By Tyler Jackson, Register-Herald, for the West Virginia Sports Writers Association
BLUEFIELD, W.Va. — Before the 2017 high school football season kicked off, Bluefield Beavers head coach Fred Simon sat down with his star running back, Latrell “Mookie” Collier, and the two had what Collier described as a heart-to-heart conversation.
The conversation was prompted after the Beavers went 4-6 in 2016, missing the playoffs for the first time since 2011.
“That look in his eyes after the season — you could tell that winning and losing mattered to him. It hurt him,” Simon said. “Sometimes if you don’t communicate that verbally — it just helps to say it. That helped us understand each other so much better and sometimes those types of tough situations, if you’re fortunate enough to take advantage of them, they can change things.
“That whole experience changed me into knowing how much he cared. From that point, I knew that he would try his best to win games.”
Winning was the name of the game for Collier, who led Bluefield to a 14-0 record and Class AA state championship. But now he caps off a year of success by winning the most prestigious award in West Virginia high school football, the Kennedy Award, given to the state’s top high school football player by the West Virginia Sports Writers Association.
“I’m speechless,” Collier said after learning he was the winner. “Never did I imagine that I could win this award. Throughout the season I gave it my all with the goal of helping the team win, and playing for my teammates.
To win this award — it has me excited,” he continued. “I have to thank my mom, my dad, my brother, teammates, the coaches, the fans, community and God, because without them I wouldn’t be in this position at all.”
Finishing behind Collier in voting was 2016 winner, Mingo Central quarterback Jeremy Dillon, followed by House Award winner Martinsburg quarterback Tyson Bagent and Warner Award winner Jadon Hayes of Huntington.
“Jeremy Dillon is such an amazing player,” Collier said. “Jadon Hayes is such an amazing player and athlete, and Tyson Bagent as well. To know that I won over those amazing players, I’m speechless.”
Collier, who rushed for 2,235 yards and scored 39 touchdowns this season, becomes the second straight Class AA player to win the award following Dillon, and just the second player in Bluefield history to win it. Beavers quarterback Will Cole was the 2008 recipient.
“It’s an amazing blessing for the school and the team, as well as the entire athletic department,” Collier said. “To be the second player in the school’s history to win it is such an amazing blessing.
“I grew up watching Will Cole and some of the other great players in Bluefield history,” he continued. “Some of the players before, I’ve wondered how they didn’t win it as amazing as they are, but it wasn’t just me that won it. It was my offensive line, my quarterback, Truck (Edwards), the defense, the receivers — everyone played a big role in this.”
Many of the players who came before Collier have merited Kennedy consideration, and even Simon, who has guided the Beavers to 10 state championship appearances since 1995, acknowledges that. But much like Cole, he knew that Collier was a special player who would stand out in the program’s history.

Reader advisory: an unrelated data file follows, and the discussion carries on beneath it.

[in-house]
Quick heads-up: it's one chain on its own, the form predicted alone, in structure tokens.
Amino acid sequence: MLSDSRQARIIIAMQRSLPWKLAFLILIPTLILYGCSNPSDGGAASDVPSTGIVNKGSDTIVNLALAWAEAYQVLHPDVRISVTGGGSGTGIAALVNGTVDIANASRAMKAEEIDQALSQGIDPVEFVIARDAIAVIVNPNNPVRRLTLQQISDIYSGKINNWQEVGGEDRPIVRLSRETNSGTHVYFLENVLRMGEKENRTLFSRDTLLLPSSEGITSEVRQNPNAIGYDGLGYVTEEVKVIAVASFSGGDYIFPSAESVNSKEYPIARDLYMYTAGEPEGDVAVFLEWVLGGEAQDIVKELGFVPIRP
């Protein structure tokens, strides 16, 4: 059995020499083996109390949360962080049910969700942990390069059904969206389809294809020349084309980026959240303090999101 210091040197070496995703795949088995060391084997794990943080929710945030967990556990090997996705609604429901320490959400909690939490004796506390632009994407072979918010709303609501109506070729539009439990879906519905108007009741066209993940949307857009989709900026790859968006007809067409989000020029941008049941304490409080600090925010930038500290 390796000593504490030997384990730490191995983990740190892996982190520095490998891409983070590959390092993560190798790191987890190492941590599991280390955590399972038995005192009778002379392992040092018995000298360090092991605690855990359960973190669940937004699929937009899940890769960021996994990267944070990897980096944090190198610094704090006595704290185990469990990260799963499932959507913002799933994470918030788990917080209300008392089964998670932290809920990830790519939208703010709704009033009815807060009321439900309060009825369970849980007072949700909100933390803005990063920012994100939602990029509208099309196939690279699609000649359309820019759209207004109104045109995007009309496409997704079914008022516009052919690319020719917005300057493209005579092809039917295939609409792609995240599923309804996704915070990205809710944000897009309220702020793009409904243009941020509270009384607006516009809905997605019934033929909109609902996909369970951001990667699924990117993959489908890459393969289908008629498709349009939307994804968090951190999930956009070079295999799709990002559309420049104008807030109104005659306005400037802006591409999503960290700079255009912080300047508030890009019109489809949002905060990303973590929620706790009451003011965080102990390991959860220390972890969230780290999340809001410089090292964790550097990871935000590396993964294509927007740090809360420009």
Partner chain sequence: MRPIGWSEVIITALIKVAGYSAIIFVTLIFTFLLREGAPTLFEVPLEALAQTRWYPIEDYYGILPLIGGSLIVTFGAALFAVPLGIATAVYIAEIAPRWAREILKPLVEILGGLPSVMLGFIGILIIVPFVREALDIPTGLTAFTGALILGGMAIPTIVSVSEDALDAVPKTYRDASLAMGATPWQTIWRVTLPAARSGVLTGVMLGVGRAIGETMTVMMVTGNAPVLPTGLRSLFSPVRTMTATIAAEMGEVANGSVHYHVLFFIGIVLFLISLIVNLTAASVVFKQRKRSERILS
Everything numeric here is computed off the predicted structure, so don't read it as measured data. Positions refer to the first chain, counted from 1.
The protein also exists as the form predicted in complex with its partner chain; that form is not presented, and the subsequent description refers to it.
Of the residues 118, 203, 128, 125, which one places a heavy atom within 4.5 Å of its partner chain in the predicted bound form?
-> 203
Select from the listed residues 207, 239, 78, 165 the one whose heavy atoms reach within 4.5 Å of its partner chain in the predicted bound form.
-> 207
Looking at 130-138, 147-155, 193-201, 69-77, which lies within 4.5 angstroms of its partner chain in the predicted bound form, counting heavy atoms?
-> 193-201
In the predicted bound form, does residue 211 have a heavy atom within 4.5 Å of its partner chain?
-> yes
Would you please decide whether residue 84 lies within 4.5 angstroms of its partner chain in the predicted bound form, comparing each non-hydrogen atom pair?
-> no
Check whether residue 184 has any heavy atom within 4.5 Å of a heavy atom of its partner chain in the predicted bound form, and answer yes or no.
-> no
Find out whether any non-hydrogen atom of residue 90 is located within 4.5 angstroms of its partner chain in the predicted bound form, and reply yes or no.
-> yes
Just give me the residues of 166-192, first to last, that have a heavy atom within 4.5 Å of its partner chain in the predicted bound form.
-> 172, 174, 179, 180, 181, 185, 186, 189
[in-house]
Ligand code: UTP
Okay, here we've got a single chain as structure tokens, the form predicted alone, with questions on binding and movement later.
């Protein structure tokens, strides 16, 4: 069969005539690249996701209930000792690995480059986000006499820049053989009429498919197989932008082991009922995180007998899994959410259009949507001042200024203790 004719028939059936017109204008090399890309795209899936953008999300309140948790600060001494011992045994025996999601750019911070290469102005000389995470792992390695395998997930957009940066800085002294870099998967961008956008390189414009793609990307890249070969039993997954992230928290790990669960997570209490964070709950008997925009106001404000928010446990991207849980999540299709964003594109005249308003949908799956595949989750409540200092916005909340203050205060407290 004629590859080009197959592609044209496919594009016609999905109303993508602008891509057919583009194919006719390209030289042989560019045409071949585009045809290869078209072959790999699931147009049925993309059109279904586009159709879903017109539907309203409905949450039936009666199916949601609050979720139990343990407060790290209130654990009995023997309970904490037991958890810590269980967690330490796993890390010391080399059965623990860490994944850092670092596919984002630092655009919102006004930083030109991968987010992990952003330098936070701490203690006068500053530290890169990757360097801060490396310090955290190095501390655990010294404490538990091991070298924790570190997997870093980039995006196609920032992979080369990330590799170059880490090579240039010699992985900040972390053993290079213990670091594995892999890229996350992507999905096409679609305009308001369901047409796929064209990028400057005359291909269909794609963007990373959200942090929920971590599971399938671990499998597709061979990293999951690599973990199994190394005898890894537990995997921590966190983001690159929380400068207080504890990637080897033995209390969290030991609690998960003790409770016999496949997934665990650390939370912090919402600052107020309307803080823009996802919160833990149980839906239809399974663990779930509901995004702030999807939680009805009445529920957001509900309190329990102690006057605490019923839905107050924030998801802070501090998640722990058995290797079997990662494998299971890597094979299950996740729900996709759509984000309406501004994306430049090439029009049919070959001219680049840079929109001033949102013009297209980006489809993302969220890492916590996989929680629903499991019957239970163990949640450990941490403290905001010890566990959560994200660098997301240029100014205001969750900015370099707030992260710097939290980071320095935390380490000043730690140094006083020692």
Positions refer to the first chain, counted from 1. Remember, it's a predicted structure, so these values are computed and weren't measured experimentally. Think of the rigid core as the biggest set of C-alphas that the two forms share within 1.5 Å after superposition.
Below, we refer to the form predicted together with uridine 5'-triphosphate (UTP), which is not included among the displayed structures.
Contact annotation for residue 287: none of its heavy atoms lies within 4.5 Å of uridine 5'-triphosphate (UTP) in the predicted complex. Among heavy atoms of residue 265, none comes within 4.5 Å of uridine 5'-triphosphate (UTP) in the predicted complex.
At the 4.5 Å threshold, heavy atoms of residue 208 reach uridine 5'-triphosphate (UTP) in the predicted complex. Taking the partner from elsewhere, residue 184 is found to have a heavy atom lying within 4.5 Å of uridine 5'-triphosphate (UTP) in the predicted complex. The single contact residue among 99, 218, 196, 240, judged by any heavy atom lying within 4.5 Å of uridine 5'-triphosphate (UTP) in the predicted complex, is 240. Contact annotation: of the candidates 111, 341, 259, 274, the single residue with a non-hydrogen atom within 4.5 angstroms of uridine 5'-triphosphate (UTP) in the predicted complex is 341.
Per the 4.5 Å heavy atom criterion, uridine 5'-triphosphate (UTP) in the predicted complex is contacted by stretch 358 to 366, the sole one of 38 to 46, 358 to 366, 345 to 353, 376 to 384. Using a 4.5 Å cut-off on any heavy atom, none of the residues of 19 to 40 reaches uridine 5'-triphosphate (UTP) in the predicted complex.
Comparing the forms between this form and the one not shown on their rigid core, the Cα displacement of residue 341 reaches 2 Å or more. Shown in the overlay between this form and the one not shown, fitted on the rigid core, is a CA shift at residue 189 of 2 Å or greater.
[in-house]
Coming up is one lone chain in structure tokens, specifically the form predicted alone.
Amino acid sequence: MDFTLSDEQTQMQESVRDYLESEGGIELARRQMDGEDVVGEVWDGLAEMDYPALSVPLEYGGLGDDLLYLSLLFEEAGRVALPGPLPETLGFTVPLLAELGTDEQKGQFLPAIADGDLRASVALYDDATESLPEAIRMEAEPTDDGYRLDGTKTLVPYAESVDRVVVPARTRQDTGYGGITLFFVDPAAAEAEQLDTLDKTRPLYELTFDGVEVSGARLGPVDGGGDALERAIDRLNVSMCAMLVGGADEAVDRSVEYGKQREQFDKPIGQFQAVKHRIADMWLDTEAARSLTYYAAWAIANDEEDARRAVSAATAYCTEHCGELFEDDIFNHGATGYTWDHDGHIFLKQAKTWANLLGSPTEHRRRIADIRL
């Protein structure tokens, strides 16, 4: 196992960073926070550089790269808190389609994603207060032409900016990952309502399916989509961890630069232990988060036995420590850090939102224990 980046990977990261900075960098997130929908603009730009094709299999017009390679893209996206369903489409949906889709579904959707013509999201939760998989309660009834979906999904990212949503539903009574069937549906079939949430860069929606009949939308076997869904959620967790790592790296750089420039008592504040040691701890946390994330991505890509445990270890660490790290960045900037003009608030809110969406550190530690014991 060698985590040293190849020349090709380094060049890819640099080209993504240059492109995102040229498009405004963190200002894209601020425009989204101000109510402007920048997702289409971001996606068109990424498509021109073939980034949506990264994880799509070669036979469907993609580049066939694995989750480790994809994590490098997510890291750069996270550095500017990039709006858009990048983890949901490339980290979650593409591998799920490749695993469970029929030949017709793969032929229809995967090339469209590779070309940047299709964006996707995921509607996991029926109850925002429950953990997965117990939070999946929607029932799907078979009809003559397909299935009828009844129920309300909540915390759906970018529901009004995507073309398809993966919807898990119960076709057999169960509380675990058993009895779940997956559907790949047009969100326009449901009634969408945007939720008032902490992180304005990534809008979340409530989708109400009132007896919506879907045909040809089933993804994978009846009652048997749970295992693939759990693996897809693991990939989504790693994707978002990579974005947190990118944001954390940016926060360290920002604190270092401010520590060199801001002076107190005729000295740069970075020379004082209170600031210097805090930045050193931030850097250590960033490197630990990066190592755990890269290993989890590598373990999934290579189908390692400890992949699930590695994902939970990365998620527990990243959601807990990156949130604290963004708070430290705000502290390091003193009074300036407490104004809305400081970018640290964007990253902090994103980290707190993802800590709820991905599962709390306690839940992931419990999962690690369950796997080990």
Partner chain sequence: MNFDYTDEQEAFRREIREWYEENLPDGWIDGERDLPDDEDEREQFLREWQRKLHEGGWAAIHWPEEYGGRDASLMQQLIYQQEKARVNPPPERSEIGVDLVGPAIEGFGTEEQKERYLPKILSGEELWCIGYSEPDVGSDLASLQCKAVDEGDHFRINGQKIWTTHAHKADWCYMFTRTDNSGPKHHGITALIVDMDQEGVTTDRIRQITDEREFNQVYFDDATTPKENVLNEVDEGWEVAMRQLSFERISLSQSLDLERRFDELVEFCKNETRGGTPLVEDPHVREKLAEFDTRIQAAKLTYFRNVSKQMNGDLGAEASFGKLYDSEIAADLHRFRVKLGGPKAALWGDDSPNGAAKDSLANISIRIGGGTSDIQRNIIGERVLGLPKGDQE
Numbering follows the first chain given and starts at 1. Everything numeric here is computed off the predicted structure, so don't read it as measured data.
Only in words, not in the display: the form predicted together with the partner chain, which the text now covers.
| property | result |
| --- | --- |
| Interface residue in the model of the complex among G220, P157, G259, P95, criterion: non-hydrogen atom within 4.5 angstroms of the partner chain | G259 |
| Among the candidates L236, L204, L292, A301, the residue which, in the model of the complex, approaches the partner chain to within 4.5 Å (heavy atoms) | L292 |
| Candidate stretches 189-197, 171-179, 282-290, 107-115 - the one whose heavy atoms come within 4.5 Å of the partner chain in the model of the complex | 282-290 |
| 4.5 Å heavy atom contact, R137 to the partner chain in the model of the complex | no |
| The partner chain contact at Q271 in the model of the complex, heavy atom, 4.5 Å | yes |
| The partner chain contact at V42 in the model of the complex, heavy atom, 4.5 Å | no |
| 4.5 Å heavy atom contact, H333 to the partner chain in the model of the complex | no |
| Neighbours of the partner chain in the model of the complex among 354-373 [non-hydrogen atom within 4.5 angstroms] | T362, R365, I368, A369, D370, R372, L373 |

“Both Will and Mookie were special and just super individuals,” Simon said. “It’s unbelievable. He’s added some things that some players in the history haven’t had. He’s a great receiver, a great leader on the football field and in the community and fantastic in the classroom as well.
“From our team, our coaching staff, student body, administration, community and fans, we’re very proud of him and happy he played for us,” he continued. “We thank the media for being fair to a super young man.”
Collier knows that the award is a reflection of what he accomplished on the field during a championship season, but notes that everything he has accomplished didn’t start on the field. It started in the classroom, where he’s built a strong support system.
“It all starts in the classroom, and I believe that,” Collier said. “If you’re not a good student, then nobody is going to look out for you like these teachers are. It starts in the classroom and with your character.
“When somebody sees you, you don’t want them to know you just for the football player you are, but for the person you are,” he continued. “Character and how you are as a person is what’s going to take you further than your athletic ability.”
Simon believes in those same values, and used his performance in the Class AA state championship game — a 29-26 win over Fairmont Senior — as an example of how character prevailed for Collier.
“I think those last two drives are the ultimate testament of what kind of player and person he is, along with his character,” Simon said. “He rushed for well over 100 yards against the top competition and even after he made a mistake late in the game with a fumble, he composed himself and when we needed a play to end the game on defense, he was there to make the big pass breakup on fourth down.
“I think that just speaks to the kind of kid he is, and is also a big reason why he won this award.”
Collier will be presented the award at the 72nd annual Victory Awards Dinner on May 6 in Charleston.